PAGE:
According to APD, Kratom, which is also called Mitragyna Speciosa, is a schedule 1 controlled substance which makes it a felony offense to possess it in the state of Arkansas.
Mitragyna Speciosa, or Kratom, is a plant which grows in Thailand, Malaysia, Indonesia, and Papua New Guinea.
Kratom affects the opioid brain receptors as morphine which exposes the risks of addiction, abuse, and dependence. There are no FDA approved uses for Kratom.
Kratom is used in many ways, the most common are pills, capsules, crushed and smoked, brewed as tea, or by chewing the raw leaves.
Read more at arklatexhomepage.com
Representative Dave Joyce, a Ohio Republican, introduced the proposed legislation to end the longstanding federal prohibition of marijuana along with Representative Don Young, an Alaska Republican.
The bill would remove cannabis from the Federal Controlled Substances list; instruct the government to create a regulatory framework for marijuana similar to the alcohol industry; allow the Department of Veterans Affairs to prescribe medical cannabis; and protect financial institutions dealing with marijuana distributors and growers.
“For too long, the federal government’s outdated cannabis policies have stood in the way of both individual liberty and a state’s 10th Amendment rights. It is long past time that these archaic laws are updated for the 21st Century,” Young said in a Wednesday statement.
The Republican congressman noted that he is “proud” to represent a state that has already legalized and regulated marijuana.
Continue at Newsweek
With legal access to psilocybin therapy growing, researchers are committed to understanding and quantifying its potential benefits. As the founder of Complex Biotech Discovery Ventures (CBDV) — a British Columbia-based research laboratory that focuses on extraction optimization, analytical testing, and chemical process development for the cannabis and psilocybin industries — Dr. Markus Roggen holds a unique perspective on the issue.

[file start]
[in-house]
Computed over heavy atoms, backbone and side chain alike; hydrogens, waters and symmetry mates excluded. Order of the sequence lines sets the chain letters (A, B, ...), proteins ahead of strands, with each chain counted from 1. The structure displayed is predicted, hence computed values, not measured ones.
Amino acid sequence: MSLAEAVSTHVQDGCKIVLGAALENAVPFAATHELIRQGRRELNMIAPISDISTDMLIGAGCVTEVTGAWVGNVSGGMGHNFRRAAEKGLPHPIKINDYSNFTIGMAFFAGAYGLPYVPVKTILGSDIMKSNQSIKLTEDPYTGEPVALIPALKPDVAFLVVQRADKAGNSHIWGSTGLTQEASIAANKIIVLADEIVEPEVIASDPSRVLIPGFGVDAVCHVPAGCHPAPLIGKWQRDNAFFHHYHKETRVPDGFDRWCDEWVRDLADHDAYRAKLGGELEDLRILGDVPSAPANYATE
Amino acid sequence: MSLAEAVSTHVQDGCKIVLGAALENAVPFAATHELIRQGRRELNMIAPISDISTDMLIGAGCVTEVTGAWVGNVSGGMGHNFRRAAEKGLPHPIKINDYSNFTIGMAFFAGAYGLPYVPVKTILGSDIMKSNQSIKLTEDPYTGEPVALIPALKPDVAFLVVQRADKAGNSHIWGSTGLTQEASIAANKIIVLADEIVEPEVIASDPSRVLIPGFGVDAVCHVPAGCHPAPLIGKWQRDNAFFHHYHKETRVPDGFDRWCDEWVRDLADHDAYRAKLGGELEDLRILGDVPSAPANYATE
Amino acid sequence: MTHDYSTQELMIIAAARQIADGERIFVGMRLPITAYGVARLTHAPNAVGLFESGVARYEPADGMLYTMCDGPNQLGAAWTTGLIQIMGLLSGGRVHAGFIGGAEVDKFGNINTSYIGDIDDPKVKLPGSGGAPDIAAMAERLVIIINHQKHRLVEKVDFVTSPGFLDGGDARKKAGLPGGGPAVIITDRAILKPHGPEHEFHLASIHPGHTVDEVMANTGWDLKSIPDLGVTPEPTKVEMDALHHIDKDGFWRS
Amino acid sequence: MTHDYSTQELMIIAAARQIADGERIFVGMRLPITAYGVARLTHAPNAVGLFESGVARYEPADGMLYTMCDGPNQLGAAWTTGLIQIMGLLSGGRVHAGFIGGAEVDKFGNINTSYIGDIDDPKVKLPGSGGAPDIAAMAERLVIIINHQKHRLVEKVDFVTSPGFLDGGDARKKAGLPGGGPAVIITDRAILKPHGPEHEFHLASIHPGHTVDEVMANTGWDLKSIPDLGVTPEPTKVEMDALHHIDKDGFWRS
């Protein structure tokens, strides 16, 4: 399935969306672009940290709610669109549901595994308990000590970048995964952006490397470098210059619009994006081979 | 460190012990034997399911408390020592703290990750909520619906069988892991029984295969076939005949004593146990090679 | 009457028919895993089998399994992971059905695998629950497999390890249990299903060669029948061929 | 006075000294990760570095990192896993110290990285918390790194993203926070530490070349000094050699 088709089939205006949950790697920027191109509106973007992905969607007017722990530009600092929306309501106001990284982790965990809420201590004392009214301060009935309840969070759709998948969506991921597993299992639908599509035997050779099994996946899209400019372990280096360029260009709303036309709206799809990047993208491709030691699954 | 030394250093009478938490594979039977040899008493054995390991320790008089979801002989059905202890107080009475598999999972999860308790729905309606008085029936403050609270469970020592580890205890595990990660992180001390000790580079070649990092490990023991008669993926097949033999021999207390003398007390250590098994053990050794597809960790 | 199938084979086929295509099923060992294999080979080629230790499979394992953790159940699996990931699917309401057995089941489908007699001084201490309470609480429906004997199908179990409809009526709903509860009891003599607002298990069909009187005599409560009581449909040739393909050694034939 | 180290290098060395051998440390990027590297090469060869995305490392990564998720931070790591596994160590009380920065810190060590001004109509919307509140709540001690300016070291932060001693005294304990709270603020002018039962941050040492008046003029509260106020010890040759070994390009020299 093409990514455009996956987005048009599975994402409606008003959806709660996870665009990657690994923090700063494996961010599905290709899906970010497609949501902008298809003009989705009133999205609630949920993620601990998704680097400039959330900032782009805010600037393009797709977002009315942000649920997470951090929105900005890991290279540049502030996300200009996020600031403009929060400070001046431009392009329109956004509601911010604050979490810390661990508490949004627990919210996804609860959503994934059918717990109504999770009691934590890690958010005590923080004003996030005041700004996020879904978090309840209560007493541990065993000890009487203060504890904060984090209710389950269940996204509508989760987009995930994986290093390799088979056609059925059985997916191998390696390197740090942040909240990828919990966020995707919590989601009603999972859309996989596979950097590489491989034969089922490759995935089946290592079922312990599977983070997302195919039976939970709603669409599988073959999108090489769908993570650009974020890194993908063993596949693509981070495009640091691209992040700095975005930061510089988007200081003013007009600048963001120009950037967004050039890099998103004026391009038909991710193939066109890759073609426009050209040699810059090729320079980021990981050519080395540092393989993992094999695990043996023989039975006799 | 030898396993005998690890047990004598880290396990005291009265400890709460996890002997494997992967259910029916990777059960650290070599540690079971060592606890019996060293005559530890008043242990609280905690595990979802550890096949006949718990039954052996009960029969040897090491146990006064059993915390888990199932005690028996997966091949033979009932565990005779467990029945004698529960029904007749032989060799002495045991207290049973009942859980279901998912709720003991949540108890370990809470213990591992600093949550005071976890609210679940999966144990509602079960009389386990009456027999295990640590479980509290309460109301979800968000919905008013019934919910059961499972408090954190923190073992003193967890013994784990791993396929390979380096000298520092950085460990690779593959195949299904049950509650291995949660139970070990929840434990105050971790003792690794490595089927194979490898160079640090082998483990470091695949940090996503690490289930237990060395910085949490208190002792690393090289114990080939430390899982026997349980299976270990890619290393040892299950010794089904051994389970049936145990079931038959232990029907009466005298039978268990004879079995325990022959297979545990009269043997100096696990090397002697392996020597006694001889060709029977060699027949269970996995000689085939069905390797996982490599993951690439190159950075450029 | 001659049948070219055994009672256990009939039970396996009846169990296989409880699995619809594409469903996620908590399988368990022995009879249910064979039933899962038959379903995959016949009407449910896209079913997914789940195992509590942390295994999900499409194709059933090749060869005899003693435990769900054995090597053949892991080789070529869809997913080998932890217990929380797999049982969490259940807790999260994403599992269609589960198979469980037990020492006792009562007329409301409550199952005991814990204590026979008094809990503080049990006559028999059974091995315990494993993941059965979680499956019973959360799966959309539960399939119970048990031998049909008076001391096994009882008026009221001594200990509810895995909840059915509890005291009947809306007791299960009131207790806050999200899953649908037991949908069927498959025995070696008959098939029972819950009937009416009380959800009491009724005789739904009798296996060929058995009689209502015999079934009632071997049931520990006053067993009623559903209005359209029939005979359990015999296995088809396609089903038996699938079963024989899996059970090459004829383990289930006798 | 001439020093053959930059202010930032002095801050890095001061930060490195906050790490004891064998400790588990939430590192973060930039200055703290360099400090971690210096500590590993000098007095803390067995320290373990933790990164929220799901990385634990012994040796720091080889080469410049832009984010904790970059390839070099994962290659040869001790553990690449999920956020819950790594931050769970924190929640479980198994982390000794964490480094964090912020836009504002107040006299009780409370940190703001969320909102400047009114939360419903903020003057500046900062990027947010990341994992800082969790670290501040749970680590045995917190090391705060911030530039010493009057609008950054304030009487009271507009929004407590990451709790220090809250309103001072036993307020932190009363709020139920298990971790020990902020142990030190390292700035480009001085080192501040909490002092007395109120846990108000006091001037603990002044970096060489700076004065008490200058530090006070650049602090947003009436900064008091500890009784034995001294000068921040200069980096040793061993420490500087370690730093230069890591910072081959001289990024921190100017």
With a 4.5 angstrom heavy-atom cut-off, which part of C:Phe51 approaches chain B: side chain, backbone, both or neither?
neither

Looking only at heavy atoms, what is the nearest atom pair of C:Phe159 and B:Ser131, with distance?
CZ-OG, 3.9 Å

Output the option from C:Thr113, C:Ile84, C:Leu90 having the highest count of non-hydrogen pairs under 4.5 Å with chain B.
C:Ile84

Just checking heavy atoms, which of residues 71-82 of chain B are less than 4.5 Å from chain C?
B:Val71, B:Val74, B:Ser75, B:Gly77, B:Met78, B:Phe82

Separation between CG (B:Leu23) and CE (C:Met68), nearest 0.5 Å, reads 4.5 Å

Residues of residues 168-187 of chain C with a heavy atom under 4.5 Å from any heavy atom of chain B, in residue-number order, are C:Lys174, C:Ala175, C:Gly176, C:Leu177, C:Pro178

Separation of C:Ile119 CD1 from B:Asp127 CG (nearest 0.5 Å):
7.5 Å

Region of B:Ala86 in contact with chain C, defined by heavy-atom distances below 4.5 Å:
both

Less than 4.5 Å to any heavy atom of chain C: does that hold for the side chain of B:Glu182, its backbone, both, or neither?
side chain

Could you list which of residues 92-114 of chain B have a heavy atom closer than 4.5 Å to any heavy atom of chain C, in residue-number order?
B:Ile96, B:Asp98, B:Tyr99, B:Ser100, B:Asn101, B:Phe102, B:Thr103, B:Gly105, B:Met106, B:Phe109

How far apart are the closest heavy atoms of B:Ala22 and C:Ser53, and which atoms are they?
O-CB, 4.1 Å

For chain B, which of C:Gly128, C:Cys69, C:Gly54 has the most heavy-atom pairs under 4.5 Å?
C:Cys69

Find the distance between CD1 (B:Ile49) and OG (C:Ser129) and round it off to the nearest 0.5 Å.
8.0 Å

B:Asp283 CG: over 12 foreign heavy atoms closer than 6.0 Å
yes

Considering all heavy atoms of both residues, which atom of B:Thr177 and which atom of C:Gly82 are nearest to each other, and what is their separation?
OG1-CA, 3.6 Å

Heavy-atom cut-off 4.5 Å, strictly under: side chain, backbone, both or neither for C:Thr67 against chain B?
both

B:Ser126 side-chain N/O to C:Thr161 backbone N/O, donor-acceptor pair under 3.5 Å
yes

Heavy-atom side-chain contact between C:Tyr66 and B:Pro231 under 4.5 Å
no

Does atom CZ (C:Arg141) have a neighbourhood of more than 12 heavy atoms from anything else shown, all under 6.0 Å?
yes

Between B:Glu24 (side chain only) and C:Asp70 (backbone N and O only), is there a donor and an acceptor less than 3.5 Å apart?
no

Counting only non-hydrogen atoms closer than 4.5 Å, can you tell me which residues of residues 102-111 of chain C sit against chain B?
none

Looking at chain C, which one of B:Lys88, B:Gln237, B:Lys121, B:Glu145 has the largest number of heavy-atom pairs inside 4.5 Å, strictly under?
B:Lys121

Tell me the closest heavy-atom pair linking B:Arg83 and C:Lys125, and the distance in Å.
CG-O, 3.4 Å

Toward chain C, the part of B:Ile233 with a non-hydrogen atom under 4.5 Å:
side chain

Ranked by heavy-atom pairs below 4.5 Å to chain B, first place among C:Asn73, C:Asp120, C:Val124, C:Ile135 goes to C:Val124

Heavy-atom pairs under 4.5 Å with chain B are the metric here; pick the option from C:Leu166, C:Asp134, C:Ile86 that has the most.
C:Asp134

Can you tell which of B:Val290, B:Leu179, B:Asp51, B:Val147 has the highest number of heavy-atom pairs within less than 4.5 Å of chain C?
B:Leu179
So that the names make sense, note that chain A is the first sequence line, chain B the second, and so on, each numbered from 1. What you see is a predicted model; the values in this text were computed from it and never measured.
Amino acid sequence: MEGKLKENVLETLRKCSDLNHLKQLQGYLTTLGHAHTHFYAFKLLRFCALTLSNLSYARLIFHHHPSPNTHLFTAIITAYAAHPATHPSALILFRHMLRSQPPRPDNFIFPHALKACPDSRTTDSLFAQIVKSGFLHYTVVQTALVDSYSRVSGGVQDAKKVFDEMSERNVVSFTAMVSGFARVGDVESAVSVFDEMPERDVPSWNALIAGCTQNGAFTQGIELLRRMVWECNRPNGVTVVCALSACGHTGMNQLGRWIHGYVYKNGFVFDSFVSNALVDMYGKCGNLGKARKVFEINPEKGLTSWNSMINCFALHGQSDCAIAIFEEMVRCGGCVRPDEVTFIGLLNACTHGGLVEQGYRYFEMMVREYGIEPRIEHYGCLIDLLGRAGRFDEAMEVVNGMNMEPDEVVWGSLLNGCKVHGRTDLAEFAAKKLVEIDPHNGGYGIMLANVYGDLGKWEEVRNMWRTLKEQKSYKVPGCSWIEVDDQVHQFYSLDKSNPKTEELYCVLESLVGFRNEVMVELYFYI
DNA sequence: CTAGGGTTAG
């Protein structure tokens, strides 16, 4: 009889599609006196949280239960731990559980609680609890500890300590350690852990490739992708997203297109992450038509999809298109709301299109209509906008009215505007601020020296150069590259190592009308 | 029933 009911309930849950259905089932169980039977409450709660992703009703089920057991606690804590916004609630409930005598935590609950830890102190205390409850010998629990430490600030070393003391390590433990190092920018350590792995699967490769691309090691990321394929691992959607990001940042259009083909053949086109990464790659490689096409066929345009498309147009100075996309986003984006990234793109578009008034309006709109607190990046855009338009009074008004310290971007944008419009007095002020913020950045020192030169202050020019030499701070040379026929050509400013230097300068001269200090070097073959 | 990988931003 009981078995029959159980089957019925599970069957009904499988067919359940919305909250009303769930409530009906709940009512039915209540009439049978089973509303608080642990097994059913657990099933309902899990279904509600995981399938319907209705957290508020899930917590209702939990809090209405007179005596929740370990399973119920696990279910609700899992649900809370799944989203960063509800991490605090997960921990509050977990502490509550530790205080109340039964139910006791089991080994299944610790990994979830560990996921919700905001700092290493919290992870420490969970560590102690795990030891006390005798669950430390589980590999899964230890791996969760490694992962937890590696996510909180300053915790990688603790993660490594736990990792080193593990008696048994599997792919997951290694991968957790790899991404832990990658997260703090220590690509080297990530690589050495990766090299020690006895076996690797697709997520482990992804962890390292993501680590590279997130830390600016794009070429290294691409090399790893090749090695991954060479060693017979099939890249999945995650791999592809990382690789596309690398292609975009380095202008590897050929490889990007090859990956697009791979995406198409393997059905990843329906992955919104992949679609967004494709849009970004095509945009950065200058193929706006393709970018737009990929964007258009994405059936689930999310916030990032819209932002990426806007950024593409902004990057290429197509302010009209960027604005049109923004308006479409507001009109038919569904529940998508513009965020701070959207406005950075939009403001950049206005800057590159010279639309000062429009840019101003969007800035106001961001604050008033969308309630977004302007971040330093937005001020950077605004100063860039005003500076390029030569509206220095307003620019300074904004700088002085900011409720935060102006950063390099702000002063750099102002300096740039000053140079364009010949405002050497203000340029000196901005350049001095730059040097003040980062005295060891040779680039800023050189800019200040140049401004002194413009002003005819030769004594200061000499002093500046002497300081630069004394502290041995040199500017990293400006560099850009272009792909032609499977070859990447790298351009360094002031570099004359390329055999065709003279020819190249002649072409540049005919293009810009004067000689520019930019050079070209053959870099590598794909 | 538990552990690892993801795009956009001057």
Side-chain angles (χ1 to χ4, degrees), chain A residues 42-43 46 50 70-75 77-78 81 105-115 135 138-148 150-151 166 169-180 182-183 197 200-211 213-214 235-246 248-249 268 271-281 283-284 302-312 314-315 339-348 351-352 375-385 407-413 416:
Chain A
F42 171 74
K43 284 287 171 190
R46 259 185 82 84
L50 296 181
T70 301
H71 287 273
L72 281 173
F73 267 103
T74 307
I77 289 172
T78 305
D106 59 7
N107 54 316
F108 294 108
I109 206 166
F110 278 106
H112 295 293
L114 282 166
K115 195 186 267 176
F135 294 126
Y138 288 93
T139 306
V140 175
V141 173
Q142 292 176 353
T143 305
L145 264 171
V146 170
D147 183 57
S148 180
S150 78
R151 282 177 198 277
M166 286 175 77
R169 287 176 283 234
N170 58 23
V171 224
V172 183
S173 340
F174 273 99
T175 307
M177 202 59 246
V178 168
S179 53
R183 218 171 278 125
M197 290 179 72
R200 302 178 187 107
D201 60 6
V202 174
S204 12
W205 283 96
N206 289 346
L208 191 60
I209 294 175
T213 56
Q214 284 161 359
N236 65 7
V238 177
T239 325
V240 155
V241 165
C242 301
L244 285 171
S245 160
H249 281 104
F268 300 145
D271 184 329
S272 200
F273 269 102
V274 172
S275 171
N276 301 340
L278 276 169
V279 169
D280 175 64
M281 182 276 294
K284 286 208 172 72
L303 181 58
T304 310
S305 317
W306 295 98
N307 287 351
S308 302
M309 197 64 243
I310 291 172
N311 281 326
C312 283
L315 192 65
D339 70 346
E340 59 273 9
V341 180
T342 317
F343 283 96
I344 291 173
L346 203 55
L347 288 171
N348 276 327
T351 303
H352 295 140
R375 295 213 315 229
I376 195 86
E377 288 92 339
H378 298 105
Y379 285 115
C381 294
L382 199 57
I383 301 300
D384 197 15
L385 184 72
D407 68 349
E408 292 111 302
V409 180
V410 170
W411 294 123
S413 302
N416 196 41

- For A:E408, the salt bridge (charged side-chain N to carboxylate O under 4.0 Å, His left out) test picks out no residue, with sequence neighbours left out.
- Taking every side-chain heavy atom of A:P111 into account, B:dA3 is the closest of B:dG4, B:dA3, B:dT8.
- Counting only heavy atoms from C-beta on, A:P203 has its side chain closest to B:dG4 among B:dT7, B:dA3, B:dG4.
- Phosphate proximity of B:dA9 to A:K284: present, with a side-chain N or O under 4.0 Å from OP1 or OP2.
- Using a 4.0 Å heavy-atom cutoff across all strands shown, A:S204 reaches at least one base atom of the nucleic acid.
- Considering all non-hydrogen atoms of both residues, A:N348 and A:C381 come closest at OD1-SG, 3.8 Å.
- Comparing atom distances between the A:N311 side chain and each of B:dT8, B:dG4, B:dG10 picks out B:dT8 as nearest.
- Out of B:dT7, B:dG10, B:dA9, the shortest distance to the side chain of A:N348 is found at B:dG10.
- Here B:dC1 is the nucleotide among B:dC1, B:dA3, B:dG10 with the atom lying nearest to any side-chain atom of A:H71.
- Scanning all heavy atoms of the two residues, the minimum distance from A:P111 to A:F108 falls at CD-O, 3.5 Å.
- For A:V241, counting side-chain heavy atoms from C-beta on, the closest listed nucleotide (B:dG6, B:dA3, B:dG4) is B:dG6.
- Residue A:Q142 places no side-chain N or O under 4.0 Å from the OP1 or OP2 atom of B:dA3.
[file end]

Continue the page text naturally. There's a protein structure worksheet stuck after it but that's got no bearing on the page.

In this written Q&A, Dr. Roggen discusses the importance of understanding psilocybin’s chemistry, getting licensed to research psilocybin by Health Canada, and the similarities and differences of cannabis vs. psilocybin research. The interview also covers psilocybin’s growing prevalence and popularity, the unknowns that researchers hope to understand, and more!
Read more at ganjapreneur.com
The legality of Kratom in the US is somewhat vague and controversial. Some states have the liberty to enjoy the varied benefits associated with Kratom, while others have to avoid crossing paths with the law. Do you live in Florida or have just paid vacation to the sunshine city? If so, is Kratom legal in Florida?
Generally speaking, the Floridians have had the liberty to buy, carry, and consume Kratom within the state of Florida apart from residents of Sarasota County.
The legality of Kratom in Florida
Florida is one of the several states that have remained steadfast in allowing citizens to exercise their liberties as far as Kratom is concerned. Today, possession of Mitragyna speciosa in whichever form you prefer is like having your Smartphone so long as you are not within the boundaries of the defiant Sarasota County.